Cities without landmarks
Niagara Falls, U.S./Canada
Vice President Joe Biden joined his former colleague Hillary Clinton Monday in trying to play down his comparative wealth. At the White House Summit on Working Families Biden tried to empathize with struggling parents, and he probably went a little too far.
“I can speak a little bit from my own experience,” the vice president told the crowd. He then acknowledged he was wearing a “mildly expensive suit” but insisted “I have no savings accounts” and “I don’t own a single stock or bond.”
“But I got a great pension and I got a good salary,” Biden added.
This comes after Hillary Clinton stepped in it, twice. First she told ABC’s Diane Sawyer she and her husband were “dead broke” when they left the White House – it’s true their debts far outweighed their assets but they both had big book deals – and in an interview with the Guardian published Saturday, she claimed voters concerned about income inequality wouldn’t hold her current wealth against her.
“They don’t see me as part of the problem because we pay ordinary income tax, unlike a lot of people who are truly well off, not to name names; and we’ve done it through dint of hard work.” That was, of course, a jab at 2012 GOP presidential nominee Mitt Romney, who pays a low tax rate because most of his income came from investments.
Now, had Clinton segued into a passionate explanation of how to build a truly progressive tax system, her remark might have made sense, but instead it came off as a cheap shot.
To be fair, Joe Biden is close to telling the truth: As BuzzFeed notes, he was the “poorest” senator when he joined the Obama ticket in 2008, and he lists assets valued at between $276,000 and $940,000, including a rental property. By contrast, President Obama’s assets were listed as valued between $2 million and $7 million. Clinton’s personal wealth is reported to be in the tens of millions of dollars.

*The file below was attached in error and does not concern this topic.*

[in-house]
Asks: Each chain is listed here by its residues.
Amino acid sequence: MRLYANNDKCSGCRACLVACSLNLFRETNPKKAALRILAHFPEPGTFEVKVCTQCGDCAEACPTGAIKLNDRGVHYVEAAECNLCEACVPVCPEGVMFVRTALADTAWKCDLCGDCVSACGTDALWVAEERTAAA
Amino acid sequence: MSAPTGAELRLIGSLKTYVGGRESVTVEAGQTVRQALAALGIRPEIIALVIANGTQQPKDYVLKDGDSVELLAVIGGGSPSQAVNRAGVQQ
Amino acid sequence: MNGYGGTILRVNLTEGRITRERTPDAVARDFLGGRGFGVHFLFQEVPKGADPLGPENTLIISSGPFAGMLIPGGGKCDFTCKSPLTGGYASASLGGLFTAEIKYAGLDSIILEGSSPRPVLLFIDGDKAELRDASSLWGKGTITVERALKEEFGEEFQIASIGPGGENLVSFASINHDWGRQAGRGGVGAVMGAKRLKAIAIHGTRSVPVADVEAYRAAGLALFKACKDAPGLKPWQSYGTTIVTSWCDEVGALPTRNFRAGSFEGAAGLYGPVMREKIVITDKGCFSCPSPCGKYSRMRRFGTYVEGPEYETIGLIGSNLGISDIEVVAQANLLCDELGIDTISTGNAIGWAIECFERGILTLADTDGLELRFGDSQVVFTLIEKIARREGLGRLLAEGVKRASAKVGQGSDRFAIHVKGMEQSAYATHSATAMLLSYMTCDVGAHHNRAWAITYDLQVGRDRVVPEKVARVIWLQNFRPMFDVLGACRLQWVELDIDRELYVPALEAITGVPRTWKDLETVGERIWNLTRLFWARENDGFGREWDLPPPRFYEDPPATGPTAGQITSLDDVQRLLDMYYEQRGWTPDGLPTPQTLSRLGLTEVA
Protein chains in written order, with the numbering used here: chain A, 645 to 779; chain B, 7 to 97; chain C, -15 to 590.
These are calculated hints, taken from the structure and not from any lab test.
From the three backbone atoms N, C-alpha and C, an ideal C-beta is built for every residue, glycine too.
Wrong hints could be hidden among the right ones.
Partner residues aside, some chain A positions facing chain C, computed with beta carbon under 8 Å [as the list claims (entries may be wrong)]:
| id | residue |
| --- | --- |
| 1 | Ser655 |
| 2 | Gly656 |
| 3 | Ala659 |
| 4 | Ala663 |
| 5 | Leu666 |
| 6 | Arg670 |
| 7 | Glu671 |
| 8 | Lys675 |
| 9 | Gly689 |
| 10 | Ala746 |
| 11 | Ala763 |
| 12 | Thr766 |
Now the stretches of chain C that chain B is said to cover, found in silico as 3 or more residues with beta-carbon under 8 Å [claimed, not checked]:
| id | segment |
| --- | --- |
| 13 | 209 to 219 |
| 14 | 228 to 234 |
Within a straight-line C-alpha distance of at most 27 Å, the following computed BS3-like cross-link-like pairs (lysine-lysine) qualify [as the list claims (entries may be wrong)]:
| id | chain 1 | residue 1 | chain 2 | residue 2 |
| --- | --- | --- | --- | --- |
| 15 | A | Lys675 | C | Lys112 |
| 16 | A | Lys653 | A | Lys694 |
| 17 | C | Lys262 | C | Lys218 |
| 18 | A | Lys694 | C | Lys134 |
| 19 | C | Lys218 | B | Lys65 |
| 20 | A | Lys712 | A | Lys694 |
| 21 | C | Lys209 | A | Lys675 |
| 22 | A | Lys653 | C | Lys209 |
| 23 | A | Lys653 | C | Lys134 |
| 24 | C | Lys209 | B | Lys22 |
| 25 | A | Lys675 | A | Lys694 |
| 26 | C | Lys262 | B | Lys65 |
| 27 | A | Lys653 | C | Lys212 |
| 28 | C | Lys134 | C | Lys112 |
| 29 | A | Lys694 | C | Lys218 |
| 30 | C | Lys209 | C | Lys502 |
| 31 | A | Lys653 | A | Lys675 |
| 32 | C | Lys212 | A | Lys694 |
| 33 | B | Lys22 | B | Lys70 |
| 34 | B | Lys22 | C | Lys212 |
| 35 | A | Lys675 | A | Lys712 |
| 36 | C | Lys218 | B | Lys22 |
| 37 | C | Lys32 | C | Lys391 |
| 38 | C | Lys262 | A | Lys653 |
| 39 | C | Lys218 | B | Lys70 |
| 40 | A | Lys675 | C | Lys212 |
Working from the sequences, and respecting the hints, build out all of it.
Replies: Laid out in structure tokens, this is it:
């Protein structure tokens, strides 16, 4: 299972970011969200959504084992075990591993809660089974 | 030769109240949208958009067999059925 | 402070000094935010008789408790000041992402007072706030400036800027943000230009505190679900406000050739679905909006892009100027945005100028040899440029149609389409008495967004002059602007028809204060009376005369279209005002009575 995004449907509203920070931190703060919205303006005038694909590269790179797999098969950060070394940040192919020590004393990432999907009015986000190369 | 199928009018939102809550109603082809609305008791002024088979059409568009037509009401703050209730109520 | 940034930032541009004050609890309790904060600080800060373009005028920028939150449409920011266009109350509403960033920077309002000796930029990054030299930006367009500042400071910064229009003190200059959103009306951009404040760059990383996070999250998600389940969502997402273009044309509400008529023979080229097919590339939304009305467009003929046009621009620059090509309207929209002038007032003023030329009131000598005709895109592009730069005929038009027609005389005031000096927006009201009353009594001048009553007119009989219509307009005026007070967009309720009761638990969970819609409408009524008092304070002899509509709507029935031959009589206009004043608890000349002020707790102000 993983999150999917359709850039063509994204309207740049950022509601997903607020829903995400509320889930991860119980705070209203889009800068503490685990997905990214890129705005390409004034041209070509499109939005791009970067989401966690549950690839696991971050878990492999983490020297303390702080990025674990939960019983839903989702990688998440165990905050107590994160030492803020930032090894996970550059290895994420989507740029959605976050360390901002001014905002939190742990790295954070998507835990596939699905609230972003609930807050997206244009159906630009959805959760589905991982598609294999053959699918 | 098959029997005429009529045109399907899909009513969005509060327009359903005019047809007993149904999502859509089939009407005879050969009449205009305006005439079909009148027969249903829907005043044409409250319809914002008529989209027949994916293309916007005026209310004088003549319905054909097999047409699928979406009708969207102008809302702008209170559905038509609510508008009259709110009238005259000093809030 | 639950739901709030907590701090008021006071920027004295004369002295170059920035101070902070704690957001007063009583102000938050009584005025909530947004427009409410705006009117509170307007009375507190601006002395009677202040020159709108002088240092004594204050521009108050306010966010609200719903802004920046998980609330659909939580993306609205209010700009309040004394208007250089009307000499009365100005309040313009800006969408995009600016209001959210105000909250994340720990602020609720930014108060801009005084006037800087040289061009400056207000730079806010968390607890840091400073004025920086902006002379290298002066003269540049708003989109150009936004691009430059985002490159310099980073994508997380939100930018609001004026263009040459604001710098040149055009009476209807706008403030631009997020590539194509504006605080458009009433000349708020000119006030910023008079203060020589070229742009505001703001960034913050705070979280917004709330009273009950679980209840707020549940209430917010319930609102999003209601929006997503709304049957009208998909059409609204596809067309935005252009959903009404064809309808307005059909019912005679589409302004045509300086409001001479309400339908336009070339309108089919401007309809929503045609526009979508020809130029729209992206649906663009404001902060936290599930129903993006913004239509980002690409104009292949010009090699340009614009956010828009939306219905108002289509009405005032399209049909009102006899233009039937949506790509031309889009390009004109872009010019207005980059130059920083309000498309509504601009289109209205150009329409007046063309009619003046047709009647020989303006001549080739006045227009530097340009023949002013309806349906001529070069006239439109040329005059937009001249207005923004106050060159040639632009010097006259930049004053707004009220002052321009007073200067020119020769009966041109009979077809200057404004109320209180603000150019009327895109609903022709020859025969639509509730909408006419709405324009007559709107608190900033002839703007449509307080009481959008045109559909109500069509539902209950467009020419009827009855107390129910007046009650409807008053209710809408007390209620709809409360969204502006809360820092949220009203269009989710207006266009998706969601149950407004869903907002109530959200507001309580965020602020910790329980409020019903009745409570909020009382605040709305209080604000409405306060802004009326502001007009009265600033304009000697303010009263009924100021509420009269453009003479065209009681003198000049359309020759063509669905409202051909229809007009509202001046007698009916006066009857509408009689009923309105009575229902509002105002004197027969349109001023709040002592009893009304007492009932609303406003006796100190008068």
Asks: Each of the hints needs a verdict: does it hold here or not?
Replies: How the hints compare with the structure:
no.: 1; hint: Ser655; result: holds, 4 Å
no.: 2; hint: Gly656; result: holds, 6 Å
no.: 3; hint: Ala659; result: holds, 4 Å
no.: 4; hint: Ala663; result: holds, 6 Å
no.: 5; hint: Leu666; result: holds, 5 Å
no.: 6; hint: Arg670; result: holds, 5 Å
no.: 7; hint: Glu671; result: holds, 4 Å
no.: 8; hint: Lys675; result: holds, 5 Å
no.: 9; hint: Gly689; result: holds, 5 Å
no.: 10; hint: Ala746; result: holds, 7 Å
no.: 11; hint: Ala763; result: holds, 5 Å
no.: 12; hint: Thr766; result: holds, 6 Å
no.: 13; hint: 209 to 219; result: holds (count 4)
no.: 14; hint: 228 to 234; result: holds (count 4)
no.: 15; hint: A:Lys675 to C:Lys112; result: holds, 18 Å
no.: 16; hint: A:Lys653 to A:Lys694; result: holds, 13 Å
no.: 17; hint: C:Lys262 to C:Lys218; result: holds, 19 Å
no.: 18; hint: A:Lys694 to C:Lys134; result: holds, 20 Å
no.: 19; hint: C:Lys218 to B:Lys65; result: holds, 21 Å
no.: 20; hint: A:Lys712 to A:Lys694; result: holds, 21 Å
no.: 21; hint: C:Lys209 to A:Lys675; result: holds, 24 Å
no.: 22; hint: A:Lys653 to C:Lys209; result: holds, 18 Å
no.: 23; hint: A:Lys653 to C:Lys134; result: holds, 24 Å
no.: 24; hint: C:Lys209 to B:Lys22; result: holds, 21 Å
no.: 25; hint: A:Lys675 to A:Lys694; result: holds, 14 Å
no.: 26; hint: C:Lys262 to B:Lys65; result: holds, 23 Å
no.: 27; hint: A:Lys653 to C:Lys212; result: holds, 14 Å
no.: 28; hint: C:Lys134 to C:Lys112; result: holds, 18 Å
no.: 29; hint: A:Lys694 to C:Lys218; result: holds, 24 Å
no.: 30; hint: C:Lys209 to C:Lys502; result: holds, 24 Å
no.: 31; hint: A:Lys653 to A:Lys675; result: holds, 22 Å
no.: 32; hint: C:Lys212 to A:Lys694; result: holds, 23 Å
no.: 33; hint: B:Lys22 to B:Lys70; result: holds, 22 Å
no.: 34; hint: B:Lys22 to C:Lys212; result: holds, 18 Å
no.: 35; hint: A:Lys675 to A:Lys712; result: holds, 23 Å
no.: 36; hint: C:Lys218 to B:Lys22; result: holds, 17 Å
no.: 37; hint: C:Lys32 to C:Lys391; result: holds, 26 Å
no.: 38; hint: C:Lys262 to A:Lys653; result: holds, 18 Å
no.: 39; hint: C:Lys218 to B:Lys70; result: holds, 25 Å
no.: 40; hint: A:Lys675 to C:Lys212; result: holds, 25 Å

But in a country where the U.S. Census Bureau says median net worth (including home value) is only $68,000, even Biden is a wealthy man.
These stumbles on questions of wealth show that even leading Democrats have been influenced by the GOP’s stigmatizing them as privileged hypocrites out of touch with the average voter. Going back to stereotypes about “limousine liberals,” modern conservatives have depicted Democrats as people who want to take the hard-earned dollars of average Americans and give them to people who don’t deserve them (and you know who they are). So Democrats have been reduced to saying they’re not really privileged as a way to say they’re not really out of touch.
This does Republicans’ dirty work for them. To make the obvious point, Franklin Delano Roosevelt did more for poor and working-class Americans (at least whites) than any president in history, and he was very wealthy, and poor and working-class Americans loved him. Democrats shouldn’t be baited into arguments about their comparative personal wealth.
However, while I don’t accept the GOP’s framing here, I wonder if Clinton and Biden’s remarks do indeed reflect their personal distance from the reality of struggling Americans. It’s easy to see how Biden, or even Clinton, could feel that they’re not truly wealthy when they come from middle-class families and walk in worlds of unimaginable wealth, much of it inherited. And maybe that accounts for the lamentable lack of urgency on the issues of poverty and stalled economic opportunity that we see in Washington today, even among many Democrats.
Joan Walsh is Salon's editor at large and the author of "What's the Matter With White People: Finding Our Way in the Next America."More Joan Walsh.
Niagara Falls, U.S./Canada
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